Parents often are distracted when driving their children

July 1, 2014

Parents frequently engage in a variety of potentially distracting behaviors when driving their children, according to a survey of child passenger safety practices conducted among adult drivers (mostly mothers) of 1- to 12-year-olds.

 

Parents frequently engage in a variety of potentially distracting behaviors when driving their children, according to a survey of child passenger safety practices conducted among adult drivers (mostly mothers) of 1- to 12-year-olds.

The computerized survey was among 570 parents who brought their children to 2 Michigan emergency departments for care. Investigators queried parents about how often they engaged in potential distractions in the past month while driving their child. These distractions were grouped into 4 categories: nondriving-related distractions (such as eating, drinking, smoking, grooming, changing a DVD/CD/tape); cellular phone-related; child-related (providing food or picking up a toy); and directions-related distractions (reading a map or directions or using a GPS). The vast majority (90%) of participants disclosed that in the last month they had engaged in at least 1 of the 10 potential distractions investigators examined.

In addition, participants reported succumbing to a median of 4 distractions during the preceding month. Overall, more than 75% of participants engaged in nondriving-related and cellular phone-related distractions; 71.2% disclosed child-related distractions; and 51.9% disclosed directions-related distractions. Parents not only were just as likely as the general population to use their cell phones while driving their children, but they gave food to their child while driving even more frequently than they used phones. Parents of children aged 5 to 7 years were more likely than parents of 1-year-olds or 8- to 12-year-olds to engage in nondriving-, cellular-, and child-related distractions.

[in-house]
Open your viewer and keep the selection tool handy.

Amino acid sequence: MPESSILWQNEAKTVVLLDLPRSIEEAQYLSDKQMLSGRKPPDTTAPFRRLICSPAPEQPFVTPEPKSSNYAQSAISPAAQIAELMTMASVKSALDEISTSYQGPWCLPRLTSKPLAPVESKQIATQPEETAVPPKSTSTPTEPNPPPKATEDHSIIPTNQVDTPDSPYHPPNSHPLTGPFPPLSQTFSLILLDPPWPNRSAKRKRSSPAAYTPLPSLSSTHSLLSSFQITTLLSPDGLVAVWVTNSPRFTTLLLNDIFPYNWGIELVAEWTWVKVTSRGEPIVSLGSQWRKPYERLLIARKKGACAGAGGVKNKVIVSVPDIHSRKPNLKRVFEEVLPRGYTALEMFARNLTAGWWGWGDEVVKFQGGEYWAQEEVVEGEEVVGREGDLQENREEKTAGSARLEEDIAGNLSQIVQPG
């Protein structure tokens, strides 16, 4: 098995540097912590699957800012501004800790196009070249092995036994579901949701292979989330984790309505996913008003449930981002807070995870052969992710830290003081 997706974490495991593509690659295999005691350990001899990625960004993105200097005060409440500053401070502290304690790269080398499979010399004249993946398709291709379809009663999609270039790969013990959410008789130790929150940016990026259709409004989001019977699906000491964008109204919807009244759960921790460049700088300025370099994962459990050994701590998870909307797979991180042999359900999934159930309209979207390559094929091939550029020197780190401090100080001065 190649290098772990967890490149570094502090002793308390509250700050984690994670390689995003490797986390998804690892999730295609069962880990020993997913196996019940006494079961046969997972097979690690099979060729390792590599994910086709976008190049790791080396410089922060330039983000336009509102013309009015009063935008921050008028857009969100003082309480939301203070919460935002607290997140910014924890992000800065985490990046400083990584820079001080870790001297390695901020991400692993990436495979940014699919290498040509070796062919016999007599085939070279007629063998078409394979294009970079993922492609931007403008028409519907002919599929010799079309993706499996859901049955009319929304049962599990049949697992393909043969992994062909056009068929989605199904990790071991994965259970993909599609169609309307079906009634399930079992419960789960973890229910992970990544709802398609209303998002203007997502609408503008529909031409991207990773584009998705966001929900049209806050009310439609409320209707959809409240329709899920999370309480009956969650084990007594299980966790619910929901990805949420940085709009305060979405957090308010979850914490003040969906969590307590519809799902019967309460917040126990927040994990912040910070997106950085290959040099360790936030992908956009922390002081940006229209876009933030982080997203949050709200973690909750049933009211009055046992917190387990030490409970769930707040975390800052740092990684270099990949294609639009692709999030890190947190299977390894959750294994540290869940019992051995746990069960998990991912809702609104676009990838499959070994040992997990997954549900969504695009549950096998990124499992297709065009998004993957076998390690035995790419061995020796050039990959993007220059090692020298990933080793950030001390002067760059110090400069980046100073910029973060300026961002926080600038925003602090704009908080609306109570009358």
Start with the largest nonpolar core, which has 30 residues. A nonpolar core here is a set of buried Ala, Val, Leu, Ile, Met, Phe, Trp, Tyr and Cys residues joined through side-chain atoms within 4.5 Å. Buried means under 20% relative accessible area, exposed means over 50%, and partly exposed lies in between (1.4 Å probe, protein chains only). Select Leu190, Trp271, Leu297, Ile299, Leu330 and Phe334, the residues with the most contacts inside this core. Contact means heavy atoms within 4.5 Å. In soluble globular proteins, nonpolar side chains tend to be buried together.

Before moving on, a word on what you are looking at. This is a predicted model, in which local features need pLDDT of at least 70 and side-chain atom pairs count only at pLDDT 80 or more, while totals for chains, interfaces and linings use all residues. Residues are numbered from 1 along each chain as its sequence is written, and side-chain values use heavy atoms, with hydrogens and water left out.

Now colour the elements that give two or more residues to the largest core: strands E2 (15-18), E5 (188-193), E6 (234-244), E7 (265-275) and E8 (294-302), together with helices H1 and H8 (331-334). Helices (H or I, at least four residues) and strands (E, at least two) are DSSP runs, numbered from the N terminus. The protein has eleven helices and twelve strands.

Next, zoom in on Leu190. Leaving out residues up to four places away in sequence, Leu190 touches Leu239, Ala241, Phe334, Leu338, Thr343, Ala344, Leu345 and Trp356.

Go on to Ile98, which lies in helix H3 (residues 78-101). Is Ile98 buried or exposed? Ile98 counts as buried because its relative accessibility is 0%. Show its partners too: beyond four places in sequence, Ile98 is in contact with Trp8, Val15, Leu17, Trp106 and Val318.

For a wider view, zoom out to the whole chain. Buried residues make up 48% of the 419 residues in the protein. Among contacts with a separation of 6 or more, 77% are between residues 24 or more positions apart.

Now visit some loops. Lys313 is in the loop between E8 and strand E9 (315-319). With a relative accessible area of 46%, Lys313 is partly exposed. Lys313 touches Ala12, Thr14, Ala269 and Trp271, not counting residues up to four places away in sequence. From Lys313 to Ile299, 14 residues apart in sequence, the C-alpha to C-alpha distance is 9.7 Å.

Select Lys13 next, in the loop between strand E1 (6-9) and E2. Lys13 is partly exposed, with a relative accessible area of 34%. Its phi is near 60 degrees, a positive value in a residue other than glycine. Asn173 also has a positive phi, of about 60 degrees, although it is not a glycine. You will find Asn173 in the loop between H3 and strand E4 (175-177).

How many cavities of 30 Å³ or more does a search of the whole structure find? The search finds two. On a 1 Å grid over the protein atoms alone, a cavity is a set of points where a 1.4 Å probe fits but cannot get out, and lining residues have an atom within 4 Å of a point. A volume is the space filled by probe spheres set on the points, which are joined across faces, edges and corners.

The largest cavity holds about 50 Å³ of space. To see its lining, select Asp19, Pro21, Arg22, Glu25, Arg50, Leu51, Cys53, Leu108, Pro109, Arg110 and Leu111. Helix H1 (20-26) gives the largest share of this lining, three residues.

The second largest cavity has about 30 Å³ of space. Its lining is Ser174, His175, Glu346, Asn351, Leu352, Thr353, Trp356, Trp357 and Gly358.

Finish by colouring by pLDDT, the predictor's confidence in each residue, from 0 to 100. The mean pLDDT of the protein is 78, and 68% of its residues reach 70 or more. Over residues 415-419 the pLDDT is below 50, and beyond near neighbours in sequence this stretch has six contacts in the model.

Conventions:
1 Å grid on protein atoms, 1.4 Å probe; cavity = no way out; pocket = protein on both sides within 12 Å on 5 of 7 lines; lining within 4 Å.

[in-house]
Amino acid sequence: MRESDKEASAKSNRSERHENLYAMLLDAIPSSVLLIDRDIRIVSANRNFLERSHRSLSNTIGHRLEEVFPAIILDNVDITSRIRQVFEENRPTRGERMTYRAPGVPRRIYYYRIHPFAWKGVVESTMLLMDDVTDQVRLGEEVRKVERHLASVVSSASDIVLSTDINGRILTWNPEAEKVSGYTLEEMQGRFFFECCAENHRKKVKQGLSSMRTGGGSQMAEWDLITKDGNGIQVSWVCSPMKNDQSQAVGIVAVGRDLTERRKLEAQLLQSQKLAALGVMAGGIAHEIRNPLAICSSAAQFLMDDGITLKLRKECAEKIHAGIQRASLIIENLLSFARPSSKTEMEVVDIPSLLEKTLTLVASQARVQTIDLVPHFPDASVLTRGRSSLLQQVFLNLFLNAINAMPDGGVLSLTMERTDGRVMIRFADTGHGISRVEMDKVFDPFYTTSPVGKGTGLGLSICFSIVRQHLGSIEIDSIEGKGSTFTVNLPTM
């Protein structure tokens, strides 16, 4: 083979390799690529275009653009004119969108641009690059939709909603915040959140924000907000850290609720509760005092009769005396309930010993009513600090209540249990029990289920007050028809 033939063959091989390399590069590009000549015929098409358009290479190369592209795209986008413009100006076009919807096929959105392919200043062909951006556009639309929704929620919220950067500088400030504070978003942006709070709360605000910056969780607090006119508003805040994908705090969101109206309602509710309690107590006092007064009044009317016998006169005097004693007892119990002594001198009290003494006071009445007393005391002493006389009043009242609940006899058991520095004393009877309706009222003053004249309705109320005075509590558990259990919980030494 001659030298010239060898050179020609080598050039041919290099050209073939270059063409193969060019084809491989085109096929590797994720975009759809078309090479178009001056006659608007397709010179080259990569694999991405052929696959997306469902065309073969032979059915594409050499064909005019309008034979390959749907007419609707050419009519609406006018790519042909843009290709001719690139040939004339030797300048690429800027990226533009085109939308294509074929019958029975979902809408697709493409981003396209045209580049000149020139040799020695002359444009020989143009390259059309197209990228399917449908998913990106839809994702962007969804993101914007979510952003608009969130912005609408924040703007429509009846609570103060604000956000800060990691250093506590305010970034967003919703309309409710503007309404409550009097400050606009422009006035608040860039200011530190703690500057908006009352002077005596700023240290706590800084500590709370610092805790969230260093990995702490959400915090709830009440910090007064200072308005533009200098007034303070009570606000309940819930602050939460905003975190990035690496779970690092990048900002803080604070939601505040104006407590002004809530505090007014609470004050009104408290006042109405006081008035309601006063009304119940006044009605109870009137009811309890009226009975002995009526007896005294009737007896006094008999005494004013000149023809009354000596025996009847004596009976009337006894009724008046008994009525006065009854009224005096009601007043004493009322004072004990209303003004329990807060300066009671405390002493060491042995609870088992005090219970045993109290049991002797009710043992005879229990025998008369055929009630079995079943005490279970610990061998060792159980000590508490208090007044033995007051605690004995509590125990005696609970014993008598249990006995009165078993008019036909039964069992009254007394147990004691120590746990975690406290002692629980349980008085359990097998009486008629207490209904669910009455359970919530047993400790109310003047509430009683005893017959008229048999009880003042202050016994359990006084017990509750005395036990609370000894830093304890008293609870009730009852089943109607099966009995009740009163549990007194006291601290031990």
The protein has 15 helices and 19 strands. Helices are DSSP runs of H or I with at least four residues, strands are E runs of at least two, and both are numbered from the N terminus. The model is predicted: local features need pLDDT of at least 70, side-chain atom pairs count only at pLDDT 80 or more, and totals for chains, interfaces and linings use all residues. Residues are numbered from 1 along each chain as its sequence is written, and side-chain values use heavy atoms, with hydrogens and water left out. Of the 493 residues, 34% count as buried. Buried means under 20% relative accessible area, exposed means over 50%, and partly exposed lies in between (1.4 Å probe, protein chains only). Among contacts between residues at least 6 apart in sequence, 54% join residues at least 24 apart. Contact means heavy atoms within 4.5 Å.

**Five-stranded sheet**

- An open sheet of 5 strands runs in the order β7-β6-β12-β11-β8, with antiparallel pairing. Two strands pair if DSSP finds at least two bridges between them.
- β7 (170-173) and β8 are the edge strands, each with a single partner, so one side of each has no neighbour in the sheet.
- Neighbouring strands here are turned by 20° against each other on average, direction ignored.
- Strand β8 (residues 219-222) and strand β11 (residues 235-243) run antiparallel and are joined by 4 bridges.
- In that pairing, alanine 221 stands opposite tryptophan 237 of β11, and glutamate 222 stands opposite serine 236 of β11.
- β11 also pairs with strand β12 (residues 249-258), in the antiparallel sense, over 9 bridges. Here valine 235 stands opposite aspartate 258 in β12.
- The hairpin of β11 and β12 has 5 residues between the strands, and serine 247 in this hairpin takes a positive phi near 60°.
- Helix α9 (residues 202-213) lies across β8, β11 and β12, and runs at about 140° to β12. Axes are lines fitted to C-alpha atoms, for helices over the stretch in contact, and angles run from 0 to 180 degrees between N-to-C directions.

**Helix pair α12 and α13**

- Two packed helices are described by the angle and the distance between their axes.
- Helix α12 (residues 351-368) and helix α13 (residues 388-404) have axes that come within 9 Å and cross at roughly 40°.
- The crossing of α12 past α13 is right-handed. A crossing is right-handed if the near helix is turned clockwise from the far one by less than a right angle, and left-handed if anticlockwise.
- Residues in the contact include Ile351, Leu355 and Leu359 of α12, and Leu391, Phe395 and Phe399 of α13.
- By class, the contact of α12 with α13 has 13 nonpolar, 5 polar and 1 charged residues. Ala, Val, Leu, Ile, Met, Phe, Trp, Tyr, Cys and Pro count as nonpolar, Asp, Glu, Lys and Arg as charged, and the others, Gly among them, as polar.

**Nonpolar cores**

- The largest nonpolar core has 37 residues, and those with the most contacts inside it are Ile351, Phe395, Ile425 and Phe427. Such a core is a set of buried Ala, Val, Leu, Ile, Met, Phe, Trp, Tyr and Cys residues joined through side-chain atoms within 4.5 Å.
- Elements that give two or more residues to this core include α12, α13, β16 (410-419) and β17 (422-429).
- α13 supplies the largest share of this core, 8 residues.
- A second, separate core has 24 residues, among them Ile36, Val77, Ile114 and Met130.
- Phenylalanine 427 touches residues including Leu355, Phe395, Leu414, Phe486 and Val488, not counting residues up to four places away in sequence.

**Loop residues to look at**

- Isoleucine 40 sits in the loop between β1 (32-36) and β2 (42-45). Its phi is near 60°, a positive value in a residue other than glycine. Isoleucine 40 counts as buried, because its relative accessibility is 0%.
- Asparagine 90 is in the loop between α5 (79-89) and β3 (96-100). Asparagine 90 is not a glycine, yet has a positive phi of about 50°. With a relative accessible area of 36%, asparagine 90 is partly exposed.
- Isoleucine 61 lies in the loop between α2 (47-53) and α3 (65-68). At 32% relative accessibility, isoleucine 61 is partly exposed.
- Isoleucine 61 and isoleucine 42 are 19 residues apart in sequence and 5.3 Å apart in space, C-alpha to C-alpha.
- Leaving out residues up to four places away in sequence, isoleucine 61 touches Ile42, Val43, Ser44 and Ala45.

Investigators also collected information about other unsafe driving behaviors and found that engaging in child-related distractions was also associated with speeding or driving while drowsy (Macy ML, et al. Acad Pediatr. 2014;14[3]:279-286).

Pediatrics. 2013;131[6]:e1708-e1715

MS FREEDMAN is a freelance medical editor and writer in New Jersey. DR BURKE, section editor for Journal Club, is chairman of the Department of Pediatrics at Saint Agnes Hospital, Baltimore, Maryland. He is a contributing editor for Contemporary Pediatrics. The editors have nothing to disclose in regard to affiliations with or financial interests in any organizations that may have an interest in any part of this article.